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Thesis 1

Thesis Title: Music versus drama: The enigma of Verdiís Violetta
Degree Type: Other
Degree Specialism: Performance
Supervisor(s): Padhraic O Cuinneagain
Thesis Status: Accepted
Date Submitted / Accepted: September 2011
Institution Submitting / Submitted To: Dublin Institute of Technology
No. of Volumes (no. of pages): 1 (77pp.)
Thesis Location / Link: DIT Conservatory of Music & Drama Library
Abstract: Although it is one of the most popular roles in the soprano repertoire, the heroine of Verdiís opera La Traviata, Violetta, challenges even the most accomplished of singers, as the role demands vocal versatility coupled with a dramatic truthfulness, much sought after by Verdi. Through a critical analysis of selected recordings of Violettaís arias, this study investigates the varying degrees of success achieved by the chosen performers in the quest to marry music and drama.
Chapter One examines the gensis of La Traviata with particular attention to the performances of Fanny Salvini-Donatelli and Maria Spexia; the earliest exponents of the role. There follows an exploration of the nineteenth century Ďsinging actressí and how the values of these avant-garde artists affected subsequent performances of the role. Finally, with reference to divergence in approaches to the role of Violetta, the contrasting portrayals of Marietta Piccolomini and Angiola Bosio will be discussed.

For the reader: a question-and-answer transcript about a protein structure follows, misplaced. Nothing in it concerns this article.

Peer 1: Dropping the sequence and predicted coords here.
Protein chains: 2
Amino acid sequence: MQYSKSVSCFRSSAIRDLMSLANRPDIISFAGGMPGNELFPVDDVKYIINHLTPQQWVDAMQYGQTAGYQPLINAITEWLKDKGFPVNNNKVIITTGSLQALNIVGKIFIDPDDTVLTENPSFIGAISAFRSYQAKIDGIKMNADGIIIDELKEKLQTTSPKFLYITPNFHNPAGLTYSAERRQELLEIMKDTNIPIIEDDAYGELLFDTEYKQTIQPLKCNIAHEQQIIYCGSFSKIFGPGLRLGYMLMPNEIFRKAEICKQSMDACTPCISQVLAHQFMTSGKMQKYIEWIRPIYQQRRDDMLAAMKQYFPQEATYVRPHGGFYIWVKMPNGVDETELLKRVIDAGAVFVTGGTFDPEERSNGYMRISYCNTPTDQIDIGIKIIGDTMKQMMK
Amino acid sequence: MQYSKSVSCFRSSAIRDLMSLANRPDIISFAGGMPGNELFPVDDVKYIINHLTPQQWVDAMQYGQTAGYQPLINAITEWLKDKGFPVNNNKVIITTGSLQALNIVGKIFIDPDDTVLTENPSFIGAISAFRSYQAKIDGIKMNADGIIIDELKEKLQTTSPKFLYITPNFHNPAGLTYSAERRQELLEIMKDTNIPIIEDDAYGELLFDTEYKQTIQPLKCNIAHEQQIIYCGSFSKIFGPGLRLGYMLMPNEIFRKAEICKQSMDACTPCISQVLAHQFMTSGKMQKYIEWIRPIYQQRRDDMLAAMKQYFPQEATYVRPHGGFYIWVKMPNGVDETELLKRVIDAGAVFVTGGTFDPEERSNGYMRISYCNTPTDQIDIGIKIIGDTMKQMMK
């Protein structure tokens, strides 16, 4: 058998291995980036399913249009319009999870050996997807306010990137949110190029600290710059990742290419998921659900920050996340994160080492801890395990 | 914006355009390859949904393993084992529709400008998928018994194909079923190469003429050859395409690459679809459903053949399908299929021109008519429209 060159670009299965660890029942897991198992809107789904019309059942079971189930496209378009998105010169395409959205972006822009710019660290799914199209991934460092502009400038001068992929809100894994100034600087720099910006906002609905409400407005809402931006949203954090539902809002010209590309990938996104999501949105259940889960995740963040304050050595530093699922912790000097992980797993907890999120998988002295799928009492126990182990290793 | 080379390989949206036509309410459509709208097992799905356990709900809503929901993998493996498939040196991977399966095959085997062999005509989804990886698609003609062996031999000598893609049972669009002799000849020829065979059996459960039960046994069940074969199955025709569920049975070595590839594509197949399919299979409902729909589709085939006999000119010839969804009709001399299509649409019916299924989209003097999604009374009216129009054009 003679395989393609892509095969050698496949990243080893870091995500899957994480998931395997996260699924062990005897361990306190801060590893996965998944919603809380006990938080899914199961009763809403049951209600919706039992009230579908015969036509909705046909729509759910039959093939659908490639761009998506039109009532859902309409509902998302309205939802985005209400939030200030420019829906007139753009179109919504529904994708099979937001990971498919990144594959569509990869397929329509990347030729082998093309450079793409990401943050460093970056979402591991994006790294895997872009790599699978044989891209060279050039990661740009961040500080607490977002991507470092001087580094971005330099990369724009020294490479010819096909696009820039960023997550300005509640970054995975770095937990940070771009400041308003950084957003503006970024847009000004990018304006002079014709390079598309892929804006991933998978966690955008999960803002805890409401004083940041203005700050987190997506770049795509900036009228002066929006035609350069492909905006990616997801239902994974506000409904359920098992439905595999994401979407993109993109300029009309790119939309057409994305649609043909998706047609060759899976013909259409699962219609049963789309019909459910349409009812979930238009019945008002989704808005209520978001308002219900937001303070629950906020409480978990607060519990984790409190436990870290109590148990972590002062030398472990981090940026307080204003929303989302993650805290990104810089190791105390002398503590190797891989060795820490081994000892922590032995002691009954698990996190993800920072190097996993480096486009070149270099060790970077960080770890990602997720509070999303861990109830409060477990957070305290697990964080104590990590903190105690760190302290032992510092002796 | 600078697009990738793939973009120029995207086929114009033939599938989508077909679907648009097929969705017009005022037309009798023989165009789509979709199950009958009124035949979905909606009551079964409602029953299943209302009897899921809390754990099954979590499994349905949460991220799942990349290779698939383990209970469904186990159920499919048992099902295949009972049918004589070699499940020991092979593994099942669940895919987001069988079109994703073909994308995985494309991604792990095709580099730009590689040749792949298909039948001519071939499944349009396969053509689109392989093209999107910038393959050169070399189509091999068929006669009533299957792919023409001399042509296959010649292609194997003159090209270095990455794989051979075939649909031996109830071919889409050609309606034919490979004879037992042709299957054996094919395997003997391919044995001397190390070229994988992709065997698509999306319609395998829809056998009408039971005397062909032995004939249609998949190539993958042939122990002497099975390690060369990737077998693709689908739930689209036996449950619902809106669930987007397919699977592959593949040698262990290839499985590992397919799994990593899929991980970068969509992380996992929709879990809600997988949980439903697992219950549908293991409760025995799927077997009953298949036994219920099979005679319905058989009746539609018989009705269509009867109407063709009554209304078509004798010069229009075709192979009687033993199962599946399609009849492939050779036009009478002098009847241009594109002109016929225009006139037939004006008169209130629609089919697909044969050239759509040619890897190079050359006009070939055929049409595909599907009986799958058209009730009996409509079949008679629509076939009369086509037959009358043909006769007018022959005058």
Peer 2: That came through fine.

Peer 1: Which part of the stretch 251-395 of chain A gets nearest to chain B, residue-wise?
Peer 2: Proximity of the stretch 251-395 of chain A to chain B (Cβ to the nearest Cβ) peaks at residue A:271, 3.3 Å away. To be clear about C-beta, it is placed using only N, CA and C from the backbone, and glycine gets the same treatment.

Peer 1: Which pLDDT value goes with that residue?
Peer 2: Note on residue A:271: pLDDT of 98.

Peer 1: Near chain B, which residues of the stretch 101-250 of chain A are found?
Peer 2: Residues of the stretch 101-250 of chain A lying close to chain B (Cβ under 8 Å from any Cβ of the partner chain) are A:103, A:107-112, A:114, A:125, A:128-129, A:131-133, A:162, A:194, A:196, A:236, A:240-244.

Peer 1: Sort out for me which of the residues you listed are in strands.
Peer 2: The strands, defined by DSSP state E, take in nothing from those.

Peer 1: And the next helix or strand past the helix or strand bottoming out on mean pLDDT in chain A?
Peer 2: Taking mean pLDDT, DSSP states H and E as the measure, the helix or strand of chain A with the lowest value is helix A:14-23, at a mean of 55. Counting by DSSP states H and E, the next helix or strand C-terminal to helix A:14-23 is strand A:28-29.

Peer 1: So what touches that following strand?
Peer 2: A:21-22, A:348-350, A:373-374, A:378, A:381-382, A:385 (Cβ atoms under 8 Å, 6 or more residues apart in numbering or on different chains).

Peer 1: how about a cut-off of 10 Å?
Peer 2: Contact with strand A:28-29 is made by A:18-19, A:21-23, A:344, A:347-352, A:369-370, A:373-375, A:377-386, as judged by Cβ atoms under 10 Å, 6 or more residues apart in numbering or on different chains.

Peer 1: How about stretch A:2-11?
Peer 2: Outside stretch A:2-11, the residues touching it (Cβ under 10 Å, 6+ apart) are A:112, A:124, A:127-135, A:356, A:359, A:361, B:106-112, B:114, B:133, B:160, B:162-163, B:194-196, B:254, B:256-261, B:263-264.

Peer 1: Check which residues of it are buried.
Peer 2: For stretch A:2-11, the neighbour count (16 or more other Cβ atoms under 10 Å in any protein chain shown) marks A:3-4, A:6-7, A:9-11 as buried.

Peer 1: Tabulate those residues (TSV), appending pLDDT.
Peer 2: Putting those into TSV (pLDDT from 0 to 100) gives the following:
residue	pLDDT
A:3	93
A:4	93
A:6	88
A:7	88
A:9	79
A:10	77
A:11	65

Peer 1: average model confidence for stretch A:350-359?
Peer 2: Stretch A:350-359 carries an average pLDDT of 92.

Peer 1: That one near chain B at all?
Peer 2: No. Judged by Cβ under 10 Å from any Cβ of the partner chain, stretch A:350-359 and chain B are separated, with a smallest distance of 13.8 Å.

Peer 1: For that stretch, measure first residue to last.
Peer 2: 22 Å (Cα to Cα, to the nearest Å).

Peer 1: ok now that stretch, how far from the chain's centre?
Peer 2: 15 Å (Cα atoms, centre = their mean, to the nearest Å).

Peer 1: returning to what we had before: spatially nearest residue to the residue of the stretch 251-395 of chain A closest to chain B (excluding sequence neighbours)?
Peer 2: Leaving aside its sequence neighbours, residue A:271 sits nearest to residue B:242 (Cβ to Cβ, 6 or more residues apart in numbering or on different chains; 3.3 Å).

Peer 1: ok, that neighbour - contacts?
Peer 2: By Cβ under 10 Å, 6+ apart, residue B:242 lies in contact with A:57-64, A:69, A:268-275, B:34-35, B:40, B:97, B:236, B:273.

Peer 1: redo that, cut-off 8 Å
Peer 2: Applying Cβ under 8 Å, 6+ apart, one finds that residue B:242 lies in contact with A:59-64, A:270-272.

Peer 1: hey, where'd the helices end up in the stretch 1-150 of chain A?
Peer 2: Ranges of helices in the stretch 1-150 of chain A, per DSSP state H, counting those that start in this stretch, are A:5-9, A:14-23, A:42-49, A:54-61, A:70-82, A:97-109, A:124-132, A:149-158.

Chapter Two details operatic performances issues of the late-nineteenth and early-twentieth century to establish possible influences on Verdiís composition. A brief survey of the chosen arias follows, with special attention to the various ways in which Verdi endeavored to emphasise their respective dramatic qualities. Recordings by the following artists will be examined, with reference to the vocal and dramatic demands of the role of Violetta: Lusia Tetrazzini, Jane Morlet, Rosa Ponselle, Renata Tebaldi, Maria Callas, Ileana Cotrubas, Angela Gheorghio and Anna Netrebko.
In conclusion, and in consideration of all the evidence presented, the author evaluates whether the elements of dramatic truth in the role of Violetta is more important that the execution of the music.

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